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Friday 9th December 2016
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NHS bureaucracy hitting cancer care

28th August 2007

Karol Sikora, Professor of Cancer Medicine at Imperial College School of Medicine, London, makes a plea in the Daily Telegraph to cut out NHS bureaucracy to cure cancer

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Britain remains below the European average for cancer survival but it isn’t all doom and gloom.

The NHS provides excellent care for some of the most complex cancers but for many common cancers - lung, breast, colon and prostate - our data are still poor.

Yet further improvements are still being slowed by NHS bureaucracy. Cancer tsar, Mike Richards, has done a great job putting in place the infrastructure for a responsive, patient-centred service but it has cost a lot of taxpayers money.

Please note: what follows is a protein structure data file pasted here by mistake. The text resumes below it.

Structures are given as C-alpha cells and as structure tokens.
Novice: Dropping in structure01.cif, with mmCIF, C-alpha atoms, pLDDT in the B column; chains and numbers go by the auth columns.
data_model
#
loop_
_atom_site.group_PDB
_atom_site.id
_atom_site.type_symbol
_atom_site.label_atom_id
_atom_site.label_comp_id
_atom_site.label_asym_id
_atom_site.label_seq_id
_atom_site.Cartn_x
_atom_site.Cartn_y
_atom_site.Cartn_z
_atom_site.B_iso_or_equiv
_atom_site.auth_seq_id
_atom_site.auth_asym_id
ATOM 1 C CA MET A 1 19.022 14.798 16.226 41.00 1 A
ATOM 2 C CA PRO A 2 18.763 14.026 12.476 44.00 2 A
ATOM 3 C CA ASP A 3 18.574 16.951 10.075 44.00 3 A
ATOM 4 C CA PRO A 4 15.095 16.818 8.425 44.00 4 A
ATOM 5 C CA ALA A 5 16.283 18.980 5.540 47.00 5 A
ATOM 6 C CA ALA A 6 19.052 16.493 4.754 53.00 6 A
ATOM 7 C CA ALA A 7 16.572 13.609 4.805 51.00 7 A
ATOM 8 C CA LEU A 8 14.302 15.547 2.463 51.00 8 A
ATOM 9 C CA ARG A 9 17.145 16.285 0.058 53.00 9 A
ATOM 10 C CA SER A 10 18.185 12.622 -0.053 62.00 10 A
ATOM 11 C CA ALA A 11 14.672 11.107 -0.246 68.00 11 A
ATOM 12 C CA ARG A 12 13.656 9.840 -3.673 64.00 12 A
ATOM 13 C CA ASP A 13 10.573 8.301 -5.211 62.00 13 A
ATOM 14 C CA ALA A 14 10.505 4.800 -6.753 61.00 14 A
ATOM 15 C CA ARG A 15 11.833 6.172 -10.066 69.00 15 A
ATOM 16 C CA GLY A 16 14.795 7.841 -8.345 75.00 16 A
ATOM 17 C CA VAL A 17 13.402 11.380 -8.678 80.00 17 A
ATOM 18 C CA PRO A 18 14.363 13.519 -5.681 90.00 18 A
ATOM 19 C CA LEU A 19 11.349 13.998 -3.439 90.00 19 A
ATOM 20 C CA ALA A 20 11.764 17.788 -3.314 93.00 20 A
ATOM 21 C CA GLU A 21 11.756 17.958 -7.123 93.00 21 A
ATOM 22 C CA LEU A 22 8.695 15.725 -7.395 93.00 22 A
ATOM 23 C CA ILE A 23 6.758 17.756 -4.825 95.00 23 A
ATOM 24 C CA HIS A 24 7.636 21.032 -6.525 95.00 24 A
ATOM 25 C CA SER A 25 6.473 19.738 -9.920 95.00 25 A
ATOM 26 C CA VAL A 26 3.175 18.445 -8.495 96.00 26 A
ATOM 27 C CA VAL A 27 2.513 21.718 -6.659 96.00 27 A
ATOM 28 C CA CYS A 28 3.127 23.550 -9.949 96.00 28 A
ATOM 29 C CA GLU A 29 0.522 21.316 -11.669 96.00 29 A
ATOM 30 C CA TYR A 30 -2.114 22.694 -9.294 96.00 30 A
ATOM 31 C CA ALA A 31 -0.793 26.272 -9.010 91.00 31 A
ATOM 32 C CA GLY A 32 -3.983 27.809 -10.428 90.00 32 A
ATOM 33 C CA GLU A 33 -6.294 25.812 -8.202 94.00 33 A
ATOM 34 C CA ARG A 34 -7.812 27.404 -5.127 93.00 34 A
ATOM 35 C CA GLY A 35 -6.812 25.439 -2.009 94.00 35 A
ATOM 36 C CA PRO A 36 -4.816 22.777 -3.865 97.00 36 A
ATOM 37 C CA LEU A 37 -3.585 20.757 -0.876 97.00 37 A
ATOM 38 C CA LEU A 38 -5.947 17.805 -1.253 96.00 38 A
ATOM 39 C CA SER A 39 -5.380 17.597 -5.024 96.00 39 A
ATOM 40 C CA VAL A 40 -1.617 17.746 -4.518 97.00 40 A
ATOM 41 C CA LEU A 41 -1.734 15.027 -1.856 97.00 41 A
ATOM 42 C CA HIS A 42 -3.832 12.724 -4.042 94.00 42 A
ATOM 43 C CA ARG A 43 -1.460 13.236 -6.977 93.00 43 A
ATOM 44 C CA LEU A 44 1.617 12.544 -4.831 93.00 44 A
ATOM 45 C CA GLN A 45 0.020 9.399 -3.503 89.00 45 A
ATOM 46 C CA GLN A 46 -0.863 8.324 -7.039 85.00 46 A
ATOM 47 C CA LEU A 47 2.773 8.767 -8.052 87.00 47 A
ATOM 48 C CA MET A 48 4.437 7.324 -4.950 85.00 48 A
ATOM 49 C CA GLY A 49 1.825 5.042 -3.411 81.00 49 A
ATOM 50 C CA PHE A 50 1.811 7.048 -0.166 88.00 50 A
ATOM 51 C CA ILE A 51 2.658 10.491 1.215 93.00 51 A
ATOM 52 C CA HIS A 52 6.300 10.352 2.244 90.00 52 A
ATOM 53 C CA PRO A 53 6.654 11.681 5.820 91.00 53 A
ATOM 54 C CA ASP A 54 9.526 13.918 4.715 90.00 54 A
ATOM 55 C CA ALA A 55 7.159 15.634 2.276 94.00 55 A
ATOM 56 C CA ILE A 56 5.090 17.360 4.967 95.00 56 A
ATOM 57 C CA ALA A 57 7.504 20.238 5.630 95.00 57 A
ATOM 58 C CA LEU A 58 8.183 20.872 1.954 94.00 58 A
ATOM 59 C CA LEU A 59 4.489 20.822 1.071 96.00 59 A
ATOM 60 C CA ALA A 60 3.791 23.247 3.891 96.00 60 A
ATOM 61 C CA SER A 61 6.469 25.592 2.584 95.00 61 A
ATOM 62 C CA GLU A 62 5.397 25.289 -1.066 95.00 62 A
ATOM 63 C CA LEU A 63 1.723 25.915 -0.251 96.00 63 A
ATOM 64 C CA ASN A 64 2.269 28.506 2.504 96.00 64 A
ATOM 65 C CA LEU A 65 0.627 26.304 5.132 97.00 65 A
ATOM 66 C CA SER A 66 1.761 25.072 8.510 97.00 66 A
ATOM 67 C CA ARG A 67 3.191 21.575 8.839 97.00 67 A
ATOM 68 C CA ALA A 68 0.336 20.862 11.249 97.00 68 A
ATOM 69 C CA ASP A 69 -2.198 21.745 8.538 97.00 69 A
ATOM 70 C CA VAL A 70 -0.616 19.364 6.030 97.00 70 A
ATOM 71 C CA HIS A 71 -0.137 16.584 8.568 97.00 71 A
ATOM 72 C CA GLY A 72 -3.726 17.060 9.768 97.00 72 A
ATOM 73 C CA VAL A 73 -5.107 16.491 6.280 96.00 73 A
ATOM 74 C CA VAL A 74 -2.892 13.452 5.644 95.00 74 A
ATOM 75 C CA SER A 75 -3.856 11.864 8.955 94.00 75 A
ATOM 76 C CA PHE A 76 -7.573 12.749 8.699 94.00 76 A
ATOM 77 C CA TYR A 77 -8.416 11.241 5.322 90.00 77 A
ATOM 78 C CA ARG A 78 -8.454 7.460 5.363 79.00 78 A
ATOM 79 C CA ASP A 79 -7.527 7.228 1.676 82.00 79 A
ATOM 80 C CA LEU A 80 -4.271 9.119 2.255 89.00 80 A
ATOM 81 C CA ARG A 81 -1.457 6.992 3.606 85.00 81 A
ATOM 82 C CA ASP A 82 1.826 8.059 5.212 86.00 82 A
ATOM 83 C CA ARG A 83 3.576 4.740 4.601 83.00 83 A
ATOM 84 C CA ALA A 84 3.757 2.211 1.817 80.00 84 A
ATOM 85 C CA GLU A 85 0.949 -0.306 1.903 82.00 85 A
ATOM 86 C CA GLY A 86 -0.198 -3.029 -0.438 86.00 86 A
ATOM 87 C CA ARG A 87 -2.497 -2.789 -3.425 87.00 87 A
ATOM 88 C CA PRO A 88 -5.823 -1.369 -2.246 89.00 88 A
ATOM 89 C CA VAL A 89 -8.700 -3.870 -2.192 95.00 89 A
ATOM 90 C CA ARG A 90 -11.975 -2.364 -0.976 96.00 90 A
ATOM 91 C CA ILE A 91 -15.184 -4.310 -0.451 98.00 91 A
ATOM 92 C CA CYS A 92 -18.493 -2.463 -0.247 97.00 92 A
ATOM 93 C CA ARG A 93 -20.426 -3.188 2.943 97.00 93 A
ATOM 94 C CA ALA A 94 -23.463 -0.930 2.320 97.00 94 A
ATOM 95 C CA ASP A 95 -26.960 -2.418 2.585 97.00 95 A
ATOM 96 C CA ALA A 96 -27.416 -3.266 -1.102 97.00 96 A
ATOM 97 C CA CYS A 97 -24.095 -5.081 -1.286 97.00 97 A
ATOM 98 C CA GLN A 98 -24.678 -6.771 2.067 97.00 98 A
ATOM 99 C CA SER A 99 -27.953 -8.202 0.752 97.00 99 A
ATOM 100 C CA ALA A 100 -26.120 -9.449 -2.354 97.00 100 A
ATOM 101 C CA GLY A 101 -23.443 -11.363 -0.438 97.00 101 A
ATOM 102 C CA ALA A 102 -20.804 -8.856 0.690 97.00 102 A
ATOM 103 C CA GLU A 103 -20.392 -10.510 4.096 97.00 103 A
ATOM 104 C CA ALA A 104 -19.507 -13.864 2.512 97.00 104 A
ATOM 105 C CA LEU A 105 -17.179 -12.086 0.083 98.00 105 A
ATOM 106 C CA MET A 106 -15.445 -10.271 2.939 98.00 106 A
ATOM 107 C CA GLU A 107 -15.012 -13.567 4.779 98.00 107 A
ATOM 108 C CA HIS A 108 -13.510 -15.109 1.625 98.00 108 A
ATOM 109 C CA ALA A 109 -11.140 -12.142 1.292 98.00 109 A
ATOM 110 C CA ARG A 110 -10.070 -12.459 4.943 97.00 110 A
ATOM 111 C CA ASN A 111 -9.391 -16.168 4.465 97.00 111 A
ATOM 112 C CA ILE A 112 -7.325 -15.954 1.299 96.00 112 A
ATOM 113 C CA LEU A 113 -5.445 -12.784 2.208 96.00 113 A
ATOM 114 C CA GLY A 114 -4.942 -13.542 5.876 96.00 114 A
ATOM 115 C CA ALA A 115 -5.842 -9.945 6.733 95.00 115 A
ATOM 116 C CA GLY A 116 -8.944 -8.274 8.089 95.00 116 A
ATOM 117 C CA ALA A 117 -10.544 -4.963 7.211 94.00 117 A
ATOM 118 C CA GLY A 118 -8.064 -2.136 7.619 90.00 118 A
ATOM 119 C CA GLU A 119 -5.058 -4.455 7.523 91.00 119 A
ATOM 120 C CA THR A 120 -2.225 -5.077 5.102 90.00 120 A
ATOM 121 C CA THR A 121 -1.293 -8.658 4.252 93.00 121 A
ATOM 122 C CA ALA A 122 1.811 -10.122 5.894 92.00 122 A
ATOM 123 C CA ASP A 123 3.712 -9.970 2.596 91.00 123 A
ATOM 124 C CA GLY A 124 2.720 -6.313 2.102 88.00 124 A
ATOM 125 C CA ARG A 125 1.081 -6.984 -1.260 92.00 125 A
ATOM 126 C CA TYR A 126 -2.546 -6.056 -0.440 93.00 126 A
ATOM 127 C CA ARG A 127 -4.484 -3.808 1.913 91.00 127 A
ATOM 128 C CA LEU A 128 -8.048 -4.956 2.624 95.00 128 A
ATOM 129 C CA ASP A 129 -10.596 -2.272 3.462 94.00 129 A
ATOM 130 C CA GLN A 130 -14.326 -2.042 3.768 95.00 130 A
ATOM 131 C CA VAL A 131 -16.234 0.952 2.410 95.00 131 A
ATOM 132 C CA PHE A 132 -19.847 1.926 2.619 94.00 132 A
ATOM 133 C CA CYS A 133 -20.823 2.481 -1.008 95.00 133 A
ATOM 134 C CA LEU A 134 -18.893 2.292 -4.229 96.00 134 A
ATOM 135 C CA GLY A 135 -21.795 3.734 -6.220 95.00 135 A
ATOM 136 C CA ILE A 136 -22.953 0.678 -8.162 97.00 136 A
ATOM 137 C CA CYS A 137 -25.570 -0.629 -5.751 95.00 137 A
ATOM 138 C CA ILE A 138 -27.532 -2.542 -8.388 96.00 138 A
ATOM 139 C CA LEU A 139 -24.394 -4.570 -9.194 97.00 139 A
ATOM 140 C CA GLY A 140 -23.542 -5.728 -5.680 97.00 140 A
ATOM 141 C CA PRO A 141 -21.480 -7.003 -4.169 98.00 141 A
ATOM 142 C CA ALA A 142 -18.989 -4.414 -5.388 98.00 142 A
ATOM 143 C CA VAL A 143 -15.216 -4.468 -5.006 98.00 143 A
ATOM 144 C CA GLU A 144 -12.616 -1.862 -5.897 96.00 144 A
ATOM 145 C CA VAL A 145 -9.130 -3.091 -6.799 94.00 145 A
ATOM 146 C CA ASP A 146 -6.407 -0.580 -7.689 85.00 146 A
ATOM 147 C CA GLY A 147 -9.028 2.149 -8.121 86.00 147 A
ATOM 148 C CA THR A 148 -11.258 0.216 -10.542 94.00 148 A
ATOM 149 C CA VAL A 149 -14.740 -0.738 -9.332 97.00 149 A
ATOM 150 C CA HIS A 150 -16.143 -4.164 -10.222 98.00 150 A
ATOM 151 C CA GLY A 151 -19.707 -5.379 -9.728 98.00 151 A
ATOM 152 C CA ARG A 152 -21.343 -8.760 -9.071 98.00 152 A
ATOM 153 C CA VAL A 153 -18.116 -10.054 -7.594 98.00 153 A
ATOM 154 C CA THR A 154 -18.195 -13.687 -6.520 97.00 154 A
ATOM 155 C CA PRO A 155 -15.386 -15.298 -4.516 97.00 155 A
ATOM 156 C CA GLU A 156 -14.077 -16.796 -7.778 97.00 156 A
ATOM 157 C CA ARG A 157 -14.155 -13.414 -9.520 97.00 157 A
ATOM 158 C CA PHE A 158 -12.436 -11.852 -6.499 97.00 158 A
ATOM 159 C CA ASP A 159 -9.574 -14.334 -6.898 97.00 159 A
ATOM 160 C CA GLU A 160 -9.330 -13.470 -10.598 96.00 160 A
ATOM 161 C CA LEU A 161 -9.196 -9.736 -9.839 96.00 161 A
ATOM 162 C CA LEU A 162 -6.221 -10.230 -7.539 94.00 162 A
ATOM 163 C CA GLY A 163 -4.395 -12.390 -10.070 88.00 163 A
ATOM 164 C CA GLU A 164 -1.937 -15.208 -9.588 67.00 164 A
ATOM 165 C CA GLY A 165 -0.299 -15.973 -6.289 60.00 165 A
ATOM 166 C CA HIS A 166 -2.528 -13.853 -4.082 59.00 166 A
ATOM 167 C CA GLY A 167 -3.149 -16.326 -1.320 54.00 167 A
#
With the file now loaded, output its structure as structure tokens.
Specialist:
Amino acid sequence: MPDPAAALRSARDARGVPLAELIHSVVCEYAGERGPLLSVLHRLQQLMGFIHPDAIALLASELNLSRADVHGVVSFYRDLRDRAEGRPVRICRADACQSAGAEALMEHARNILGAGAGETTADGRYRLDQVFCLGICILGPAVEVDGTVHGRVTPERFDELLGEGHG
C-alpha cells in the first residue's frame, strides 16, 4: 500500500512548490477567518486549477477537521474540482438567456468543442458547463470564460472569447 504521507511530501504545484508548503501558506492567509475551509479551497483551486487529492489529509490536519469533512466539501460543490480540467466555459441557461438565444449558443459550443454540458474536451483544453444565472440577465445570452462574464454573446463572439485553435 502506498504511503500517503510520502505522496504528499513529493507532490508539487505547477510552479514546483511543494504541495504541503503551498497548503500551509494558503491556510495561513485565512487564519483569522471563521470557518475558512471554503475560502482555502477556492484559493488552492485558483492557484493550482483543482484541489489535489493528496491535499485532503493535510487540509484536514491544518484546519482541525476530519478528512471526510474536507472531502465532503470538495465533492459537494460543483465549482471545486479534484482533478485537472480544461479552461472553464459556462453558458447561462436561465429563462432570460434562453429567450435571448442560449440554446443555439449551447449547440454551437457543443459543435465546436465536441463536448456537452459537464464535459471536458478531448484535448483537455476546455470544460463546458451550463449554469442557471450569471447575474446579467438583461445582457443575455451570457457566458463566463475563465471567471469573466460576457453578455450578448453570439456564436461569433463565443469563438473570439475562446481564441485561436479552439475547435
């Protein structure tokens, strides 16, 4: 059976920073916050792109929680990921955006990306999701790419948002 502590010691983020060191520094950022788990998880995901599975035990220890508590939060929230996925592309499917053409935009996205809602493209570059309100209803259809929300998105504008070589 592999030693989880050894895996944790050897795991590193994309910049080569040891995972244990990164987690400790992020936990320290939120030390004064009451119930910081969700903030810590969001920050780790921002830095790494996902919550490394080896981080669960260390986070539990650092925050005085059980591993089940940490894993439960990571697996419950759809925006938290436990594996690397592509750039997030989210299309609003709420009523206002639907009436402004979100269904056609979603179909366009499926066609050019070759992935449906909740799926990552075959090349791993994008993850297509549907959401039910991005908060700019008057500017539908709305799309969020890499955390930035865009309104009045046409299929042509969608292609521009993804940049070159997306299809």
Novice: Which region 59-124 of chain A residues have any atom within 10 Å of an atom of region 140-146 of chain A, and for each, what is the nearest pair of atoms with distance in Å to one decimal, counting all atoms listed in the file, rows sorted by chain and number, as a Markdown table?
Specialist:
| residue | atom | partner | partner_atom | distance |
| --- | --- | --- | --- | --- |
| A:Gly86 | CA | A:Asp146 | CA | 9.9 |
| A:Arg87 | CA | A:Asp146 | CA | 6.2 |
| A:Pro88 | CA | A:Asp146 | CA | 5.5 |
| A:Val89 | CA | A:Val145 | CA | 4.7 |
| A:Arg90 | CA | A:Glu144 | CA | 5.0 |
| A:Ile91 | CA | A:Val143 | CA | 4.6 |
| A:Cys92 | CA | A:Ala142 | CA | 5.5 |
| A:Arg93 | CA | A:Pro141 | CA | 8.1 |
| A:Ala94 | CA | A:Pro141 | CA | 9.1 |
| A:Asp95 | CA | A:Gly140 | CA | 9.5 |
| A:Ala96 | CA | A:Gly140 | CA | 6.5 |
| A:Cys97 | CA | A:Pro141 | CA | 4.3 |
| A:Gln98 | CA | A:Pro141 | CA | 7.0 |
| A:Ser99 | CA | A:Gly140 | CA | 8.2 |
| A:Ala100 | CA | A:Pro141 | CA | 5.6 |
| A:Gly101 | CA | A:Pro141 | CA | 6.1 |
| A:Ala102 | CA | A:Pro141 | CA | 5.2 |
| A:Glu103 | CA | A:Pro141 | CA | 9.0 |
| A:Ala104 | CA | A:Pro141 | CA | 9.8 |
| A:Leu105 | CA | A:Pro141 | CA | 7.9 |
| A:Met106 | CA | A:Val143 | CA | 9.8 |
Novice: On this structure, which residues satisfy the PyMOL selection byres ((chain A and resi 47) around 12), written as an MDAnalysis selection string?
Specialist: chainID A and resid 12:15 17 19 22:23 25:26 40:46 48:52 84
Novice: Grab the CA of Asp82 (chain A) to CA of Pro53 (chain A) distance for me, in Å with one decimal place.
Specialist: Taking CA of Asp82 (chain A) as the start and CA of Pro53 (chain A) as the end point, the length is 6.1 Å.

Cancer diagnosis and treatment is complex, requiring the integration of many hospital departments but with the NHS hopelessly inefficient with an over-bureaucratised management system, there are huge challenges ahead for Britain.

Access to diagnostic scans, time to first treatment, the availability of radiotherapy and access to new cancer drugs still compare unfavourably with Europe despite Britain actually spending more per head on cancer than France, Italy or Germany. But there are UK regional variations, inevitably leading to postcode prescribing.

The Government’s Cancer Reform Strategy offers little radical reform and no new money, but there are solutions: get the politicians right out of healthcare; bring new delivery systems that will revolutionise the system from within; let the service industry overhaul the cancer treatment experience; experiment with delivering cancer care closer to patients’ homes.

Britain is a world leader in cancer research but because of the inadequacies of the NHS, British patients are not benefiting.

Cancer care is going to improve dramatically over the next decade. Unless we get our house in order immediately, our future generations will miss out.

 

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